Old Friends and New Fancies
by Sybil G. Brinton
Originally written in 1913, Old Friends and New Fancies is the first Jane Austen sequel ever written. Ms. Brinton narrows Jane Austen's world so that characters (some good ones, a lot of bad ones) from all six of Ms. Austen's novels become "old friends and new fancies."
The novel taked place three and a half years after the marriage of Elizabeth Bennett and Darcy, from Pride and Prejudice and shows them in a state of connubial bliss and wishing that state on those nearest and dearest to them, namely Darcy's young sister Georgiana and their cousin Colonel Fitzwilliam. The two are engaged, though not happily, and Lizzie encourages Georgiana to end the betrothal rather than be unhappy in her marriage (which was a relief to this reader).
The story then moves on to Bath and Darcy's aunt, Lady Catherine, where Colonel Fitzwilliam meets and falls in love with Mary Crawford, from Mansfield Park. Lucy Steele, from Sense and Sensibility, would prefer that Fitzwilliam marry her sister and bandies about a vile tale involving Mary Crawford that succeeds in separating Mary and Fitzwilliam. When Fitzwilliam next sees Mary he is led to believe that she is recently engaged to Sir Walter Elliott, from Persuasion, and he exits heartbroken.
During this time in London, and after, at the homes of Darcy and Mr. Bingley, James Moreland, from Northanger Abbey falls for Lizzy's sister Kitty Bennett. Kitty, however, falls for Lt. William Price, from Mansfield Park, whie Lt. Price falls for Georgiana Darcy. With appearances by Jane and Bingley, from Pride and Prejudice, Mrs. Jennings and Mr. and Mrs. Edward Ferrars, from Sense and Sensibility, and Emma Knightly, from Emma, it takes a lot of misunderstandings and a lot of heartache before all of the happily ever afters are sorted out.
There is so much happening in this “sequel” that it would take a book report length review to mention all of it. Old Friends and New Fancies lacks the wit and charm of Jane Austen and the plot was plodding in places and a bit difficult to keep up with the cast of thousands. I personally felt that too much substance was given to Jane Austen's more ridiculous characters (i.e. Mrs. Jennings and Sir Walter Elliott).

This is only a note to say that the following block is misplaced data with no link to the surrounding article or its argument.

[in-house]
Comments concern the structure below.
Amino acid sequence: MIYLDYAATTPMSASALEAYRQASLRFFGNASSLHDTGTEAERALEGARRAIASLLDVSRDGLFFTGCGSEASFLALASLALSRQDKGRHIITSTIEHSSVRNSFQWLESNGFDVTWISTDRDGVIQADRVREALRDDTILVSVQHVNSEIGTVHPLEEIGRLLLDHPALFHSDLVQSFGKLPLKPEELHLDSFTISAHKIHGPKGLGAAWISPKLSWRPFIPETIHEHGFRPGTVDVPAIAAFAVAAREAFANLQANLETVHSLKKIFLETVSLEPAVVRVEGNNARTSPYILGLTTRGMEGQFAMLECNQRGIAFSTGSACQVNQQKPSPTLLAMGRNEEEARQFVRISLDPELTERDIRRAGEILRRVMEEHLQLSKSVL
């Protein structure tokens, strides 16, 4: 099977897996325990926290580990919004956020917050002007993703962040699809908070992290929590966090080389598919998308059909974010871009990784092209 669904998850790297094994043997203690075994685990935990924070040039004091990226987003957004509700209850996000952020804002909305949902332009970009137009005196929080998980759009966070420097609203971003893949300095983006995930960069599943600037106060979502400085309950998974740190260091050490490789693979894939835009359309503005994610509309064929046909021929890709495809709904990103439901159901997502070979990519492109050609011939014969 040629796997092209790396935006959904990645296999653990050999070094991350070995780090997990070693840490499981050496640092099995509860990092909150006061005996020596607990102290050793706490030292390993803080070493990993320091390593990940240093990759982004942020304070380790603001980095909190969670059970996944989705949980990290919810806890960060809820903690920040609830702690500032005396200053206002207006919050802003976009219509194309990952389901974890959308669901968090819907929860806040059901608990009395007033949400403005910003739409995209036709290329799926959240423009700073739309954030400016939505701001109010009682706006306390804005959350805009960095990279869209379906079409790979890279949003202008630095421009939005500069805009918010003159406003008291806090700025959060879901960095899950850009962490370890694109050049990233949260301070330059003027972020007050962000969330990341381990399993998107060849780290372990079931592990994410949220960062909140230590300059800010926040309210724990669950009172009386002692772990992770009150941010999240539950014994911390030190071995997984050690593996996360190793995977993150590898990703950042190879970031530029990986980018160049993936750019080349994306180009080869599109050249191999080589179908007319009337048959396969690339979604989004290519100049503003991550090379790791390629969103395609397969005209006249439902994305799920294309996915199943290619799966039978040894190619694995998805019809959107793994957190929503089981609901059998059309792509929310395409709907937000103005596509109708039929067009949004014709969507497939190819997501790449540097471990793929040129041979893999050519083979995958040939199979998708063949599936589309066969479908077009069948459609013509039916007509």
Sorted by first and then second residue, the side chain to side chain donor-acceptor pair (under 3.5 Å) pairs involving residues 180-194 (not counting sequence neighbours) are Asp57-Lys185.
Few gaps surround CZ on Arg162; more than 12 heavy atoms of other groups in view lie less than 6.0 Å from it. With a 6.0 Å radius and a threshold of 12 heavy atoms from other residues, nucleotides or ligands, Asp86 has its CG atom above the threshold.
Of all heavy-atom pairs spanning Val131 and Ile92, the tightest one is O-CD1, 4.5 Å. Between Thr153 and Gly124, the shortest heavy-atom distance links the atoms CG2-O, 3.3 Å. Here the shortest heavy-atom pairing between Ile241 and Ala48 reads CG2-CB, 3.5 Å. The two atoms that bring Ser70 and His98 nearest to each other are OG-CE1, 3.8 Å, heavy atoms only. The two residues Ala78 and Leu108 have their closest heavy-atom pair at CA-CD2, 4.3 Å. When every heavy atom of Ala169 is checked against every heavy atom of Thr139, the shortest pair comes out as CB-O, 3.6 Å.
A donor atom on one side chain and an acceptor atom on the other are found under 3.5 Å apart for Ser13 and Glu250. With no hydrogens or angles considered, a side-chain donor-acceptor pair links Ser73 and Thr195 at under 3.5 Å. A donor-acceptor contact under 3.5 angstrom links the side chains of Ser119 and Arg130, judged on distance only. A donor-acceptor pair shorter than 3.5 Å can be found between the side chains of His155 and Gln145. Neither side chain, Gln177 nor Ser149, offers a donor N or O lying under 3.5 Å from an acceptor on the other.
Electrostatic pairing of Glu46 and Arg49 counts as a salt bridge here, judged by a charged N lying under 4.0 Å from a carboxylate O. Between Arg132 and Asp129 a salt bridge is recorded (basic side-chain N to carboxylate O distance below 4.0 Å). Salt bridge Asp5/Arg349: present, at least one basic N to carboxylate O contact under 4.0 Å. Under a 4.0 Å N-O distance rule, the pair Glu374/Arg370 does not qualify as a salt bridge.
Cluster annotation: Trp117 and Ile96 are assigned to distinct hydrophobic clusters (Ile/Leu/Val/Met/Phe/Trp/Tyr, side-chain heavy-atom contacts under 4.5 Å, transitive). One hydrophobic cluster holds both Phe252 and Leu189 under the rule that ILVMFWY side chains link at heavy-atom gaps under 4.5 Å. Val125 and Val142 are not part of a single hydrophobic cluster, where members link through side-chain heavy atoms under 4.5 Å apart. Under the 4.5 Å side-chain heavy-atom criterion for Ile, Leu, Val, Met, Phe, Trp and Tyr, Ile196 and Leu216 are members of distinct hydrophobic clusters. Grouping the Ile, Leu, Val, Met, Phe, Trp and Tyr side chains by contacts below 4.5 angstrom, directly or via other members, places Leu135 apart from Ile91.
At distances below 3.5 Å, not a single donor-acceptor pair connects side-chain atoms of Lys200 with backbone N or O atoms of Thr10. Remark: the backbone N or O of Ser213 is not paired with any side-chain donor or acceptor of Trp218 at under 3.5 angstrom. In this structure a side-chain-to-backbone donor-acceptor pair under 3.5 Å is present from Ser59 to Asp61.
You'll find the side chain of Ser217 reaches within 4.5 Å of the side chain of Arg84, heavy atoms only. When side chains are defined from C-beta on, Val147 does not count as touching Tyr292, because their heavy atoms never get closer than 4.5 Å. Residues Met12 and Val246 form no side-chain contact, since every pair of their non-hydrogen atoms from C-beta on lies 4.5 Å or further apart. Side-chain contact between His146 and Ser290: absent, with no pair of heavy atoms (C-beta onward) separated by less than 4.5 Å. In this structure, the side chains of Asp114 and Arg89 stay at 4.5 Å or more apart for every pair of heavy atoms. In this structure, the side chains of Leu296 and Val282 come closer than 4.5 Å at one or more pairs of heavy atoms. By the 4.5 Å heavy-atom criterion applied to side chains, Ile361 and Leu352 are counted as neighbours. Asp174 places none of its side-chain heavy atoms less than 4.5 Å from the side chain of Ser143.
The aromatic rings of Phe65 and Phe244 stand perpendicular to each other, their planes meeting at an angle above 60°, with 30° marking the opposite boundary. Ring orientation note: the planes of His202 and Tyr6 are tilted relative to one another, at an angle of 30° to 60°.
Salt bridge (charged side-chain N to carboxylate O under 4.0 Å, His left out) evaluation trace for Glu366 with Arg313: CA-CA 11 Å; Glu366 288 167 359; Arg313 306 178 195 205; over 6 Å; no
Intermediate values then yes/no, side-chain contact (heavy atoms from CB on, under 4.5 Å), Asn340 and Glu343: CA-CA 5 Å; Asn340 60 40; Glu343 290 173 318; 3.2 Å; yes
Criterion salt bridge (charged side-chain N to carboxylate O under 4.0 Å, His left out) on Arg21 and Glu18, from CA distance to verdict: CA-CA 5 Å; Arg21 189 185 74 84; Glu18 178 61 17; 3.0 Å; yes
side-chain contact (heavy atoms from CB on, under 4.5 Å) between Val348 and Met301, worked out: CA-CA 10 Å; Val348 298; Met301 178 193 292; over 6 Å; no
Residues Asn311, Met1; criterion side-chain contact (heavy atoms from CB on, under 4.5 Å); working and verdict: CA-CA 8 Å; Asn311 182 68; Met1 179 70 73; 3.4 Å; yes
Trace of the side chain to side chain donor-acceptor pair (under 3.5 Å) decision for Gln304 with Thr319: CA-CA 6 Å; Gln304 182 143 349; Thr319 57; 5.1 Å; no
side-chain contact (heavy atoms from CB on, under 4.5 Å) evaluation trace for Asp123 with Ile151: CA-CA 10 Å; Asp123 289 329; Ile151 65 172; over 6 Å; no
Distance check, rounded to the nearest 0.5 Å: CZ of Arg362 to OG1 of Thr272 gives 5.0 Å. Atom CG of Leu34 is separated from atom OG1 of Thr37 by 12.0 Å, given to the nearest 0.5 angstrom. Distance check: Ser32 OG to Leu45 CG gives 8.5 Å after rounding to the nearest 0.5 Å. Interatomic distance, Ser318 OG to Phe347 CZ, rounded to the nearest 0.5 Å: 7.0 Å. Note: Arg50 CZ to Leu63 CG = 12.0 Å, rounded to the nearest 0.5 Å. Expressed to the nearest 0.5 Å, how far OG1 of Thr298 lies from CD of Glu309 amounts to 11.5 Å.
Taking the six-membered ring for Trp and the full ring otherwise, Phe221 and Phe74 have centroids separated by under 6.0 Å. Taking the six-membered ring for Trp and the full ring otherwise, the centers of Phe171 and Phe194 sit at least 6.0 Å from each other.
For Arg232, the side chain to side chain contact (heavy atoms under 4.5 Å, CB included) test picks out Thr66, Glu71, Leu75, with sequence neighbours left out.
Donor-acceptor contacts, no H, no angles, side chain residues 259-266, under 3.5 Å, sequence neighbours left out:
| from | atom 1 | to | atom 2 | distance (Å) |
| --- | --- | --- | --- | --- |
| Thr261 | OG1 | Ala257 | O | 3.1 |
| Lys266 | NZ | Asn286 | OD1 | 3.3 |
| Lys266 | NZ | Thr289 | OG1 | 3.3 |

If Jane Austen had decided to pick up her pen again and bring all of her characters together in a sequel would she have engaged Colonel Fitzwilliam, who is older than Darcy, to his very young cousin Georgiana? Would she have killed off Colonel Brandon, from Sense and Sensibility, to facilitate the move of Mr. and Mrs. Ferrars closer to the Darcys? Would she have portrayed Kitty Bennett as still being unbearably flighty and capricious after three and half years of her older sisters' influence? I would like to think not.
If one hasn't read all of Jane Austen's works more than once, or at least very recently, readers are likely to get lost in all of the names and references to past events. Old Friends and New Fancies isn't a bad book, but I couldn't even remotely believe that this was a Jane Austen story, or that this is what she would have wanted for her characters. If you are a Jane Austen purist, as the majority of us are, you will most likely be - as I was - disappointed in this "sequel."
“The original Jane Austen sequel.”
July 2007, 377 pages
Publisher: Source Books
Originally written in 1913, this charming and original sequel to the novels of Jane Austen intertwines the lives of the most beloved characters from all six Austen novels with new characters of the author's devising. Inventive matchmaking leads numerous pairs of lovers through the inevitable (and entertaining) difficulties they must encounter before they are all united in the end.